Birmingham 2022 to be ‘biggest, boldest’ Commonwealths and have region ‘buzzing’

The Games this summer are set to be a celebration free from Covid restrictions.

By Press Association Published: 18 April 2022 - 11.24pm

Birmingham and the West Midlands will be “buzzing” in 100 days’ time as the “biggest, boldest” Commonwealth Games get under way, its chief executive has said.

This summer’s event, which runs from July 28 to August 8, is set to be the first major multi-sports event to take place free of any Covid-19 restrictions.

The pandemic made an already shortened run-in time to the Games even more challenging for Birmingham 2022 chief executive Ian Reid and his team, but now the Scot believes it brings an extra excitement and spotlight to the region.

“I think hopefully in 100 days’ time, we’re about to put on what might be one of the first multi-sport events in the world where we do have full stadia, where we do have live sites and the city absolutely buzzing,” Reid told the PA news agency.

“The spotlight of the world will be on Birmingham and the West Midlands in that context. So perhaps it’s going to bring even further engagement with the event than perhaps we would have had pre-pandemic.”

The pandemic forced organisers to drop plans for an athletes’ village in Perry Barr to house 6,500 competitors, who will now be split over three existing sites at the universities of Birmingham and Warwick and the NEC.

“It’s a little bit more difficult for teams in managing (the athletes) but there is a lot of upside from a performance perspective,” Reid said.

“A lot of our athletes now are staying in a village that’s very close to both their training and their competition venues. If you’re staying at the University of Birmingham, squash is there, hockey is there, cricket is just next door.

Birmingham 2022 CEO Ian Reid believes the Sandwell Aquatics Centre will be a true community asset
Birmingham 2022 CEO Ian Reid believes the Sandwell Aquatics Centre will be a true community asset (Bradley Collyer/PA)

“If you’re staying at the NEC, five of our sports are right on your doorstep. You can literally walk to your training and to competition. A lot (of athletes) have welcomed that.”

Reid is pleased the redevelopment at Perry Barr to create 5,000 new homes as part of the Games’ legacy will still go ahead as originally planned.

“I thought it was a much safer option to focus on the village as a legacy, make sure the community get the benefits that we committed to at the start, but give the athletes certainty,” he said.

Reid is encouraged that ticket sales for Birmingham are ahead of where the previous two Games – Gold Coast and Glasgow – were at the same stage.

“That fills us with great confidence because both those events (ultimately) sold well over 90 per cent of their tickets,” said Reid, who was the chief financial officer for the 2014 Glasgow Games organising committee.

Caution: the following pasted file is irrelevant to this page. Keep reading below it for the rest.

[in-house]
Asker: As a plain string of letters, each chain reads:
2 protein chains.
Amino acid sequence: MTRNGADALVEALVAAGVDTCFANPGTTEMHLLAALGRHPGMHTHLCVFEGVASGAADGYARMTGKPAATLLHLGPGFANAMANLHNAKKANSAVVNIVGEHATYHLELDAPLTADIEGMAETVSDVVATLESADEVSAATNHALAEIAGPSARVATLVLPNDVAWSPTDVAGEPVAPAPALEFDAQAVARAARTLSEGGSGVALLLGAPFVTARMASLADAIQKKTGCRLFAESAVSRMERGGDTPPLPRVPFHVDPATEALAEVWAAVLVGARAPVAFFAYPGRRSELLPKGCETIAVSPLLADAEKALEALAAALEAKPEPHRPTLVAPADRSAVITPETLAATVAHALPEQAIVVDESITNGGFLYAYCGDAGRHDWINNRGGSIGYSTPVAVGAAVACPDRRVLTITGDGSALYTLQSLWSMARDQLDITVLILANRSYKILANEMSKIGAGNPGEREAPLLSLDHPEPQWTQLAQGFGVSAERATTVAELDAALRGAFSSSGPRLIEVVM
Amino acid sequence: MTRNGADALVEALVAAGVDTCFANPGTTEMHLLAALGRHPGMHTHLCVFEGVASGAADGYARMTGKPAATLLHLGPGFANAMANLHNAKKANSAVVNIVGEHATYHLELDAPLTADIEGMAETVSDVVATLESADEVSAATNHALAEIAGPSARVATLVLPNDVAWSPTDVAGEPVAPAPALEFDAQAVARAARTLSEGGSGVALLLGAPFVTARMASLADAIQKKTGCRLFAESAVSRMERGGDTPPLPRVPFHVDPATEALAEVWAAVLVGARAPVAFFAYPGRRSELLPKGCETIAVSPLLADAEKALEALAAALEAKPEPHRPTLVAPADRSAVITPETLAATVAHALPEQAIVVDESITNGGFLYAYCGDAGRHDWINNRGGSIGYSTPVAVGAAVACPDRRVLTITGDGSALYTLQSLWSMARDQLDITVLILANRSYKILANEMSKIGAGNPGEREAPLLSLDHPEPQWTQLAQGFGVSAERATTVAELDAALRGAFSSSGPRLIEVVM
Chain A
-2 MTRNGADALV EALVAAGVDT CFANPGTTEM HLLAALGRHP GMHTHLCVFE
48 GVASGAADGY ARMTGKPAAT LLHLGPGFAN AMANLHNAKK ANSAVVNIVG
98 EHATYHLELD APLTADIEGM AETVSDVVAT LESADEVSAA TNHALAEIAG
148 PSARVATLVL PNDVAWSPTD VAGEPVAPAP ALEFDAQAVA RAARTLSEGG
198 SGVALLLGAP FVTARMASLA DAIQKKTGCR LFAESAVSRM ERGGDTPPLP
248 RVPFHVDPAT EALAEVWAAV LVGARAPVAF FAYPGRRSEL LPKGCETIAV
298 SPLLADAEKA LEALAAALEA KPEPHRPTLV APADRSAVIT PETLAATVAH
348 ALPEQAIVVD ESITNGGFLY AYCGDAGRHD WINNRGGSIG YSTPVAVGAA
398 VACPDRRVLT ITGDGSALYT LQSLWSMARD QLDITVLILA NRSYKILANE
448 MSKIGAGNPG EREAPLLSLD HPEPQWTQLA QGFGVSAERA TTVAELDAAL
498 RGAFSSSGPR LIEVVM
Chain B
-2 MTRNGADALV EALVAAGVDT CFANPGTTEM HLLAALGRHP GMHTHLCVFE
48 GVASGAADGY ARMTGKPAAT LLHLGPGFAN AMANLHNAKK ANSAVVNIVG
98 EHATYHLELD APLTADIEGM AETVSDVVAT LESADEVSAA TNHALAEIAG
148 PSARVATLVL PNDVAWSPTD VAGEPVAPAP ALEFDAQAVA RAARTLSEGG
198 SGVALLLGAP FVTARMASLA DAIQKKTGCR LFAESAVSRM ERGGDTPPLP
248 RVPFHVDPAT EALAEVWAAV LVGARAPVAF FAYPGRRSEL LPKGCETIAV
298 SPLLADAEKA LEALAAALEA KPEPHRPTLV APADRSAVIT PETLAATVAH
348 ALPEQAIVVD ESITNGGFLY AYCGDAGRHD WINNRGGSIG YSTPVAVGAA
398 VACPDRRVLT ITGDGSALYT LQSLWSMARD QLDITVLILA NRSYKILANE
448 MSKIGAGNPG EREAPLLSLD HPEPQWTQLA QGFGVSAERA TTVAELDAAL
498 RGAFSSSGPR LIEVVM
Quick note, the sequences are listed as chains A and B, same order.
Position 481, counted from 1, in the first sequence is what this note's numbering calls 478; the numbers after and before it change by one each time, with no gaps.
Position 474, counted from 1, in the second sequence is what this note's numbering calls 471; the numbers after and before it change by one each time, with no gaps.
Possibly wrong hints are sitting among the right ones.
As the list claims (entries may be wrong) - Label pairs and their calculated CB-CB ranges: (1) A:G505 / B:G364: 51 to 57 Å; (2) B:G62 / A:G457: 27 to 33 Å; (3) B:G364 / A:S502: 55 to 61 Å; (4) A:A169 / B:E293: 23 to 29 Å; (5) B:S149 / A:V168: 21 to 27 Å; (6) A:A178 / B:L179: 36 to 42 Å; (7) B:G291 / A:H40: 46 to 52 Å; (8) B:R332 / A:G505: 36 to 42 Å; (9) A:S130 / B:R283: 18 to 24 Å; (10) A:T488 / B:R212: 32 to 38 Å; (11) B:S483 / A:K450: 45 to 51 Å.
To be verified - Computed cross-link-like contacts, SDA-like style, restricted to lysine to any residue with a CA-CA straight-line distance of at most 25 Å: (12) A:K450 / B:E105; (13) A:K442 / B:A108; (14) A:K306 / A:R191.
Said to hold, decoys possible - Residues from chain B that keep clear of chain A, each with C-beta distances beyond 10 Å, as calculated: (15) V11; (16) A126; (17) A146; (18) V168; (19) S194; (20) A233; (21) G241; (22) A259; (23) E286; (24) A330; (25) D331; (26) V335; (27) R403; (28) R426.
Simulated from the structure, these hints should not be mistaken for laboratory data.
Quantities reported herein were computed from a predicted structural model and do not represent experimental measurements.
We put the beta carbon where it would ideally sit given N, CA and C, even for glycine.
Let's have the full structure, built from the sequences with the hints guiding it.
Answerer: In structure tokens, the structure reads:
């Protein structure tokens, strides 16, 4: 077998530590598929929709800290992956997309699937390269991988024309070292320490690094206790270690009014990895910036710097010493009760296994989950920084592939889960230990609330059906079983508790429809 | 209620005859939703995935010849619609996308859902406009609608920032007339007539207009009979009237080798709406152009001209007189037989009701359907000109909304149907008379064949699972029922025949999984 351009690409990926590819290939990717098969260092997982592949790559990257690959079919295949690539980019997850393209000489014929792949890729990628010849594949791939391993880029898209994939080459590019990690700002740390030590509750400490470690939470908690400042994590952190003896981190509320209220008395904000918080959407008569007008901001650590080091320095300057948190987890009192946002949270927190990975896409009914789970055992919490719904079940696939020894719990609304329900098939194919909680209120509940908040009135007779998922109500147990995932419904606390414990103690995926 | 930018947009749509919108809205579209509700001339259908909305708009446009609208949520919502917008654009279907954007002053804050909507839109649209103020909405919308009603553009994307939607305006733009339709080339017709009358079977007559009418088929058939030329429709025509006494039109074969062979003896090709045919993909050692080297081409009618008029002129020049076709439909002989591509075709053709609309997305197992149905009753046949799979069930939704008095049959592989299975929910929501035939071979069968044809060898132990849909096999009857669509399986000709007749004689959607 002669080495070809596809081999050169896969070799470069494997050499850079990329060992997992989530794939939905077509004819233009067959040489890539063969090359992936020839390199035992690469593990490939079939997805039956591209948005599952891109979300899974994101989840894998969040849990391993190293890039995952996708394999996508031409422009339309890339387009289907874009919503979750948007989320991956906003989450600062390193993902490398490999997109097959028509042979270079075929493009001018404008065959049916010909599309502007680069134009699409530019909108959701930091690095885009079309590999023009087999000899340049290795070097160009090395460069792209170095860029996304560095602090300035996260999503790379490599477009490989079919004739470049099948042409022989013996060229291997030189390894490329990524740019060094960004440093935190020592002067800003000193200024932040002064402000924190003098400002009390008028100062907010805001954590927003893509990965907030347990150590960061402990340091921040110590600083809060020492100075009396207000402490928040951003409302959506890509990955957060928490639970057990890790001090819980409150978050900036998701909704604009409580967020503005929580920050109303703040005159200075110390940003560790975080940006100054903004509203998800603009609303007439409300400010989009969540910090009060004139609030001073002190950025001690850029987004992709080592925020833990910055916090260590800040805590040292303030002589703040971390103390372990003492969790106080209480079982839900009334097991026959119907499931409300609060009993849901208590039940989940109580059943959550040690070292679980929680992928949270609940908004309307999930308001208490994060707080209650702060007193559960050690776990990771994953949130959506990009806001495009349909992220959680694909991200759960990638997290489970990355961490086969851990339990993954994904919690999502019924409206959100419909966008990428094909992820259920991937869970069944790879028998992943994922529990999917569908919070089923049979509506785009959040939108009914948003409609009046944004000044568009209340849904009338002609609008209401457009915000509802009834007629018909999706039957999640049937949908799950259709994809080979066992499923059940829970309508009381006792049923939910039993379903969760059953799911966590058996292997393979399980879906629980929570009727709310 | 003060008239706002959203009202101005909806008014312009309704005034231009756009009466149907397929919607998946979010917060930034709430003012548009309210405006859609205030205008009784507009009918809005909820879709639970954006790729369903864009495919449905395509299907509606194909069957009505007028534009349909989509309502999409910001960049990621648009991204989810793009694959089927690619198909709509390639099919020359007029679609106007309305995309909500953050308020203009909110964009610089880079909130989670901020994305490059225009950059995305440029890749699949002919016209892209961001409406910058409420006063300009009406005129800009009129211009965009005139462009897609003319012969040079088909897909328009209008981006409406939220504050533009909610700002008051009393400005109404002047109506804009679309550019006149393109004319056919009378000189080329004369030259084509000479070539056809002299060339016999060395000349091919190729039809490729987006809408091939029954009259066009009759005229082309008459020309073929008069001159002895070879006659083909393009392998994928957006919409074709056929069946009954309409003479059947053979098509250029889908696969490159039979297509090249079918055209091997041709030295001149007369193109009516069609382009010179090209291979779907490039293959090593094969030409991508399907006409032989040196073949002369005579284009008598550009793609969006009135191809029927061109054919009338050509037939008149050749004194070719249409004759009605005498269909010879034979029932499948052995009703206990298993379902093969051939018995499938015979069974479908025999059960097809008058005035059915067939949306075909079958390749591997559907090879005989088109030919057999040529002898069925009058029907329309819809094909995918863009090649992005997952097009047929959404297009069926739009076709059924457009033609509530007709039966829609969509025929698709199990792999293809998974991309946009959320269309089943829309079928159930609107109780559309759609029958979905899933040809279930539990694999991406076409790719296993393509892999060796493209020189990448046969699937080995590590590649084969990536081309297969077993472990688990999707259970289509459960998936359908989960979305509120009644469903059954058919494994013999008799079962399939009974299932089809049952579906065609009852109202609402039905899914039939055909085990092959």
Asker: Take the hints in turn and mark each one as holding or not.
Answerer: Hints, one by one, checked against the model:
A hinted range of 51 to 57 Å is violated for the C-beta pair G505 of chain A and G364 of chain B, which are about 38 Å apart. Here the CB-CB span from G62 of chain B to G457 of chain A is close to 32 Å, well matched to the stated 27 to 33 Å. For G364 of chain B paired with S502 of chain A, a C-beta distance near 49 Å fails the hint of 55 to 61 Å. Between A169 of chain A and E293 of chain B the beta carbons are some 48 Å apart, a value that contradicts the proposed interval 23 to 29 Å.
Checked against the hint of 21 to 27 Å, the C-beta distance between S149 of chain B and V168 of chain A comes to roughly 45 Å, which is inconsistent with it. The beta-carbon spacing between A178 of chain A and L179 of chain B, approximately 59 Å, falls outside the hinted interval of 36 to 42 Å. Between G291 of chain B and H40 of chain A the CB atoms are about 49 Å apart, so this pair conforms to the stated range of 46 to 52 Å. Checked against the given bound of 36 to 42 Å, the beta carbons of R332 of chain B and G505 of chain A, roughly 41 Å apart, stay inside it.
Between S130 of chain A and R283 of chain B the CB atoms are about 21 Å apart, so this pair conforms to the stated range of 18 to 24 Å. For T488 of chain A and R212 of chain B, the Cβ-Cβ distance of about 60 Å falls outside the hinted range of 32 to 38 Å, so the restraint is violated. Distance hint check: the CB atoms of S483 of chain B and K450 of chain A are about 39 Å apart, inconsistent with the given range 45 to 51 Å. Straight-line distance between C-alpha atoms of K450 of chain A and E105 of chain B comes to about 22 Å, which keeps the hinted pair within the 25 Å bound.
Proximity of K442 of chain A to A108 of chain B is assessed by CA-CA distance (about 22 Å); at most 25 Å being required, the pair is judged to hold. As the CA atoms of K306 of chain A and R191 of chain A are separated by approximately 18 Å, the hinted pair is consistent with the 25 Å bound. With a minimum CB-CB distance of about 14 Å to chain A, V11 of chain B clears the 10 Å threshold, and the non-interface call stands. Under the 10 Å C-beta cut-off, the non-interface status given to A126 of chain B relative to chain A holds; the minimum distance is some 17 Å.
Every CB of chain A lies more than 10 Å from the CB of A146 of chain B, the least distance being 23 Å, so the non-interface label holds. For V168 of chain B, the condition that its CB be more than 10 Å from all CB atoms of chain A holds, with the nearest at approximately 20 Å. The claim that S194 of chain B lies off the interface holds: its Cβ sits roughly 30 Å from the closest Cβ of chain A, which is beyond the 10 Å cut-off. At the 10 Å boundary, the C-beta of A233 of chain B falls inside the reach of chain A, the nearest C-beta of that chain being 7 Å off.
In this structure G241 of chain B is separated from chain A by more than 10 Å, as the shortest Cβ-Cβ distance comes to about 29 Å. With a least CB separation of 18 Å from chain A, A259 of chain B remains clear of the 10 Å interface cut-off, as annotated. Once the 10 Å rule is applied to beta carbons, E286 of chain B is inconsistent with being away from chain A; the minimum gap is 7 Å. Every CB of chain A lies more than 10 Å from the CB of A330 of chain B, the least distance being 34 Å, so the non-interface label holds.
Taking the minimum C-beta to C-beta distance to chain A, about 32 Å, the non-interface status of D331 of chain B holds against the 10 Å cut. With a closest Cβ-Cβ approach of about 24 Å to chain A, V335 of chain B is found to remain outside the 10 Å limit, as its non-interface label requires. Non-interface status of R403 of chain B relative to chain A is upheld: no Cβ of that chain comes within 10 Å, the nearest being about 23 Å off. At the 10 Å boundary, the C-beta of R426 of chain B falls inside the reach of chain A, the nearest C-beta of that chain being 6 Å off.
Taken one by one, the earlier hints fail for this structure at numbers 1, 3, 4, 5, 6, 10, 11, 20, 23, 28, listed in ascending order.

778million
The amount in pounds contributed to staging the Games by central and local government.

Tickets go back on sale on Tuesday on the Games’ official website – the final major release.

Birmingham is likely to be the last Commonwealth Games of its kind, with the Commonwealth Games Federation’s new roadmap offering greater flexibility to hosts on the number and type of sports they include.

While Reid believes those changes are welcome, he feels Birmingham is well equipped to host under the ‘old’ model, and insists the two major capital projects – the redevelopment of the Alexander Stadium, which will host athletics, and the new-build Sandwell Aquatics Centre – will be valuable community assets.

“They have both been delivered against the clock and in tough circumstances,” Reid said.

“Sandwell Aquatics Centre, I think in terms of a legacy, is genuinely built for the community and adapted for the Games, not the other way around.”

The Games have benefited from £778m of central and local government funding, and Reid is proud of how organisers have stayed within the original framework despite the challenges posed by Covid.

He takes the most pride in the resilience of his team amid the pandemic, and in Birmingham being the “most inclusive” Games to date.

“When we went into lockdown one, we had 70 staff and we came out of that first lockdown with 480,” he recalls.

“So that gives you a sense of some of the people challenges – finding people, inducting them remotely, getting them an understanding of what we’re trying to achieve and the culture of the business, all that was quite different as well.

“The whole general COVID overlay and trying to plan ahead in terms of testing programmes, vaccination policies, communicating with teams when you’re not quite sure what the landscape is going to be like here in the UK or internationally, all of that has brought additional cost, it’s brought additional complexity, it’s brought uncertainty.

“But at the same time, I think it’s also brought opportunity. We’ve got a team who have been through all of that and it’s made us much more resilient.

“We’ve got in my view, the biggest, boldest Commonwealth Games. We’ve got the most inclusive Commonwealth Games which gives me great pride, more medals for female athletes and the largest Para programme. We’ve got an incredible cultural programme.

“But I’m perhaps most proud of the team and the partnership. Everyone has stepped up to the plate and given much more than we would have originally asked them on this project.”

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